Yemenis choose jihad over Iranian support
The Guardian / Ghaith Abdul-Ahad
12-May-2012

Jemajem is a young, dark-eyed militant leader who bears the self-important nom de guerre of "the Guevara of south Yemen". Based in the impoverished port of Aden, he belongs to the Hirak group of activists, who have been calling for south Yemen to be allowed to secede from the north for half a decade.

It's not hard to see why he thinks an independent future for the south would be better than its current situation. Sadness and poverty settled on Aden many decades ago. The streets are littered with piles of rotting fish and festering rubbish, while haggard men sit on pavements chewingqat to stave off the boredom of unemployment. Cliffs of volcanic rock are crowded with migrants' illegal shacks made of breeze blocks and corrugated iron.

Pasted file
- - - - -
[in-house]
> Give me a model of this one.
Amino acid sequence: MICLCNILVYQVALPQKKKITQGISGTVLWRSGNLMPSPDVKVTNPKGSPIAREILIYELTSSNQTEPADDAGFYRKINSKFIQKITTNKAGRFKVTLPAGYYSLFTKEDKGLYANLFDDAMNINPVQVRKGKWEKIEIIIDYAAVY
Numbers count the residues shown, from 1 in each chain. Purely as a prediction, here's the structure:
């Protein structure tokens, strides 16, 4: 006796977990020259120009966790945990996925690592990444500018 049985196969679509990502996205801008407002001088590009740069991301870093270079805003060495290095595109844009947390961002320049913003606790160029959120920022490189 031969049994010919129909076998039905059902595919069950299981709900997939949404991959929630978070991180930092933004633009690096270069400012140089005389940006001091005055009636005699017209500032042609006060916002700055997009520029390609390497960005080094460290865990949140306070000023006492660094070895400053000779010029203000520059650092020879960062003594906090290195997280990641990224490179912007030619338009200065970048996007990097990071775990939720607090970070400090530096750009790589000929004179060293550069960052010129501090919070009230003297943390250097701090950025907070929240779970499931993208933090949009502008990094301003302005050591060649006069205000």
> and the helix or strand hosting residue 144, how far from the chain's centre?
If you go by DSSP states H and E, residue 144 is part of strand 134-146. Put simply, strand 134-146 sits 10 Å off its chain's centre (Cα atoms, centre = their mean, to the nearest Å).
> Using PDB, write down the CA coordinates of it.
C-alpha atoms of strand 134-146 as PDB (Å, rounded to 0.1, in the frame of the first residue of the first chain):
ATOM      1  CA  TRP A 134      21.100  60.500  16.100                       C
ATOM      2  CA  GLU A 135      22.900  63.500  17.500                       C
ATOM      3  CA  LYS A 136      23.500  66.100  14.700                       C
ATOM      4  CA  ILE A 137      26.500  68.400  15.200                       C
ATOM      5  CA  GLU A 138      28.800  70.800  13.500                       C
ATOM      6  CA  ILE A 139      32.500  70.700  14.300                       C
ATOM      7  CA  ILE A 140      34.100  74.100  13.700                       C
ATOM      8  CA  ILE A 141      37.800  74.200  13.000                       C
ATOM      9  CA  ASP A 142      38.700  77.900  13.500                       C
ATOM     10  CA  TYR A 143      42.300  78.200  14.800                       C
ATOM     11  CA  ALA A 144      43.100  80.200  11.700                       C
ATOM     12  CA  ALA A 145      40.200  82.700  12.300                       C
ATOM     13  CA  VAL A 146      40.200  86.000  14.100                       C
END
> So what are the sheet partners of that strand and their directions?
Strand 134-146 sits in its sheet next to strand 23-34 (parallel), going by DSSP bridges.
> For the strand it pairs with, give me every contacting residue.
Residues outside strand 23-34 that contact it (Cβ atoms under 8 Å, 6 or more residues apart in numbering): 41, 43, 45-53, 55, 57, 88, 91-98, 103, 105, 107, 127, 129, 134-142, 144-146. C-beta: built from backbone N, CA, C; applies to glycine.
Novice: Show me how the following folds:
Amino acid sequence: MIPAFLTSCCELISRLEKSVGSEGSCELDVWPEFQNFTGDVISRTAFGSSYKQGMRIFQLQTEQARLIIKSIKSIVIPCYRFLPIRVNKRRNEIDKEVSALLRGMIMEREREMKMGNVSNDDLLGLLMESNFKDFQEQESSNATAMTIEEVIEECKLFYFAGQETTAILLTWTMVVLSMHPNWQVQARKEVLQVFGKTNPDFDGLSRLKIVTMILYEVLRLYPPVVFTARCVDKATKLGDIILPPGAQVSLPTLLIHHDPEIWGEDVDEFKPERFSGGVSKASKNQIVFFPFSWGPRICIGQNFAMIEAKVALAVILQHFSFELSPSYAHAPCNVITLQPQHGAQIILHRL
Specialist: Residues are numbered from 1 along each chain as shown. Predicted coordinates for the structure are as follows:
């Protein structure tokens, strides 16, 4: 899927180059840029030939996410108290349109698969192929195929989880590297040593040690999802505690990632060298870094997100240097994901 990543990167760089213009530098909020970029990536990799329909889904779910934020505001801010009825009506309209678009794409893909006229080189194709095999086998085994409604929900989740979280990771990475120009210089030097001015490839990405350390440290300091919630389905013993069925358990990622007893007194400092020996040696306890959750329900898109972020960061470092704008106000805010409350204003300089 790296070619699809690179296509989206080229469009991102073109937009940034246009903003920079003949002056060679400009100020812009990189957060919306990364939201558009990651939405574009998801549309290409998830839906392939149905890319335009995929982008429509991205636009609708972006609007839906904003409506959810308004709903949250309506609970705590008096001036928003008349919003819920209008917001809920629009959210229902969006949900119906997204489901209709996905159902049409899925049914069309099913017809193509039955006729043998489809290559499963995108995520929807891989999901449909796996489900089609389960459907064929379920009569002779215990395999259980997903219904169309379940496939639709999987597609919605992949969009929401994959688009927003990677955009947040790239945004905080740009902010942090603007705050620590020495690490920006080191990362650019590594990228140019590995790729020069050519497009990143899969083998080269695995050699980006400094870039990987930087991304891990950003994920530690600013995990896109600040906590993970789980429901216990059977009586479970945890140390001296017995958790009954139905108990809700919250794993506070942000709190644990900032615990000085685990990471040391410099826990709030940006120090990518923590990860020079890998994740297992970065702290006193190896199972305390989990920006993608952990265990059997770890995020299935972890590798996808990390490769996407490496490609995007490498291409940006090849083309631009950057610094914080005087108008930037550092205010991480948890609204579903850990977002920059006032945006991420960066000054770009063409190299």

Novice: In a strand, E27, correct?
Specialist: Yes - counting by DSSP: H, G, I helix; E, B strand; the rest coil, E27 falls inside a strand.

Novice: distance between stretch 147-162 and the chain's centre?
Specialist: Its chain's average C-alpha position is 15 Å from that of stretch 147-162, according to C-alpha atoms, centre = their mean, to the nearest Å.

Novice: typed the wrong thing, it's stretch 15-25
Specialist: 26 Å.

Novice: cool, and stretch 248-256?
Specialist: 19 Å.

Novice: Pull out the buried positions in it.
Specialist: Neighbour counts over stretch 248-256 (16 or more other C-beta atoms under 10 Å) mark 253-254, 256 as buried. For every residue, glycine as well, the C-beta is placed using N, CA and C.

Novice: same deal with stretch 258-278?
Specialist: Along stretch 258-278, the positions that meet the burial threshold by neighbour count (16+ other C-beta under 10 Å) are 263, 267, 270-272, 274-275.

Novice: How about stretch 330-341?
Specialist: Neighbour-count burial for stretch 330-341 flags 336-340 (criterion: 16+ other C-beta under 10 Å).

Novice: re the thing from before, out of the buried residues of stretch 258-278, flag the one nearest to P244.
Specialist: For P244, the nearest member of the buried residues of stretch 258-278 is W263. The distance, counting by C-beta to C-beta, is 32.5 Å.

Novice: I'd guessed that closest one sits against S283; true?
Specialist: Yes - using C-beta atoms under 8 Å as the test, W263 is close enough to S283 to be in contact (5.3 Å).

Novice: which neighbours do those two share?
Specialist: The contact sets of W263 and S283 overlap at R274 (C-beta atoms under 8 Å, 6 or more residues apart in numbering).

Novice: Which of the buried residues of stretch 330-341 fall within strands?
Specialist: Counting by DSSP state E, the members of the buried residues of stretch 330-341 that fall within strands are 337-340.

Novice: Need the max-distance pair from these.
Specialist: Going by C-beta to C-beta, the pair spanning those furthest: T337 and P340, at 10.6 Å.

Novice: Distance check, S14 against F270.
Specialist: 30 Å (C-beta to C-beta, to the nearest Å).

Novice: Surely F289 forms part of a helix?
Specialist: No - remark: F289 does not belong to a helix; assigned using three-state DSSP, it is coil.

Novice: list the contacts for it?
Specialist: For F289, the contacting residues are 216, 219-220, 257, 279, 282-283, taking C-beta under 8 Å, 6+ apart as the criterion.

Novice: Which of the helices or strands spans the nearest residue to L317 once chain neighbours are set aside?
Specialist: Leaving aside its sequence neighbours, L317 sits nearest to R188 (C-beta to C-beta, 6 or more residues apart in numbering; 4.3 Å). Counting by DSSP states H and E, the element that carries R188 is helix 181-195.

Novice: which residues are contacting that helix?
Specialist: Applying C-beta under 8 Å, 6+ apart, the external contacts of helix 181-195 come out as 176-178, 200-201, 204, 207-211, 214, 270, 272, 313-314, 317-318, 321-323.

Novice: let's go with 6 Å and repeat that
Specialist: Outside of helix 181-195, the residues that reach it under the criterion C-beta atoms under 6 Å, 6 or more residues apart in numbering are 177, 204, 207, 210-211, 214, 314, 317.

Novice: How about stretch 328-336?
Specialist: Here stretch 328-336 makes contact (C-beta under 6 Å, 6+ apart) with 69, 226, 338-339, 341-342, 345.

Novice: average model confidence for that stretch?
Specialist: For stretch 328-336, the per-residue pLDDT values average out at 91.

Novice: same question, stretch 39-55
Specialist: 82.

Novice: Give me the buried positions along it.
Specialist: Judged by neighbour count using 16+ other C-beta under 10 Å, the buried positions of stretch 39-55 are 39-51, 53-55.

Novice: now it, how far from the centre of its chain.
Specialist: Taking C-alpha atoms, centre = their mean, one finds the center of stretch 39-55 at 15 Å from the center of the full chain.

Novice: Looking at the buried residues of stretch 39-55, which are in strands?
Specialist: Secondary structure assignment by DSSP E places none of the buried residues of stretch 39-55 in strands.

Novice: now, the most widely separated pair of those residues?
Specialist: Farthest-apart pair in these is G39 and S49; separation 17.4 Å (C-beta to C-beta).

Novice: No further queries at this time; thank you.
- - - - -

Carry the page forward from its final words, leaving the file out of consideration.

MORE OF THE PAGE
But beneath this layer of grime is a tale of outside interference in Yemen that is likely to bring further conflict and exacerbate the divisions within the country. Shortly after the Yemeni president, Ali Abdullah Saleh, was toppled last November in the Arab spring, Jemajem was approached by an intermediary working on behalf of what the man described as a "friendly country"... >>>

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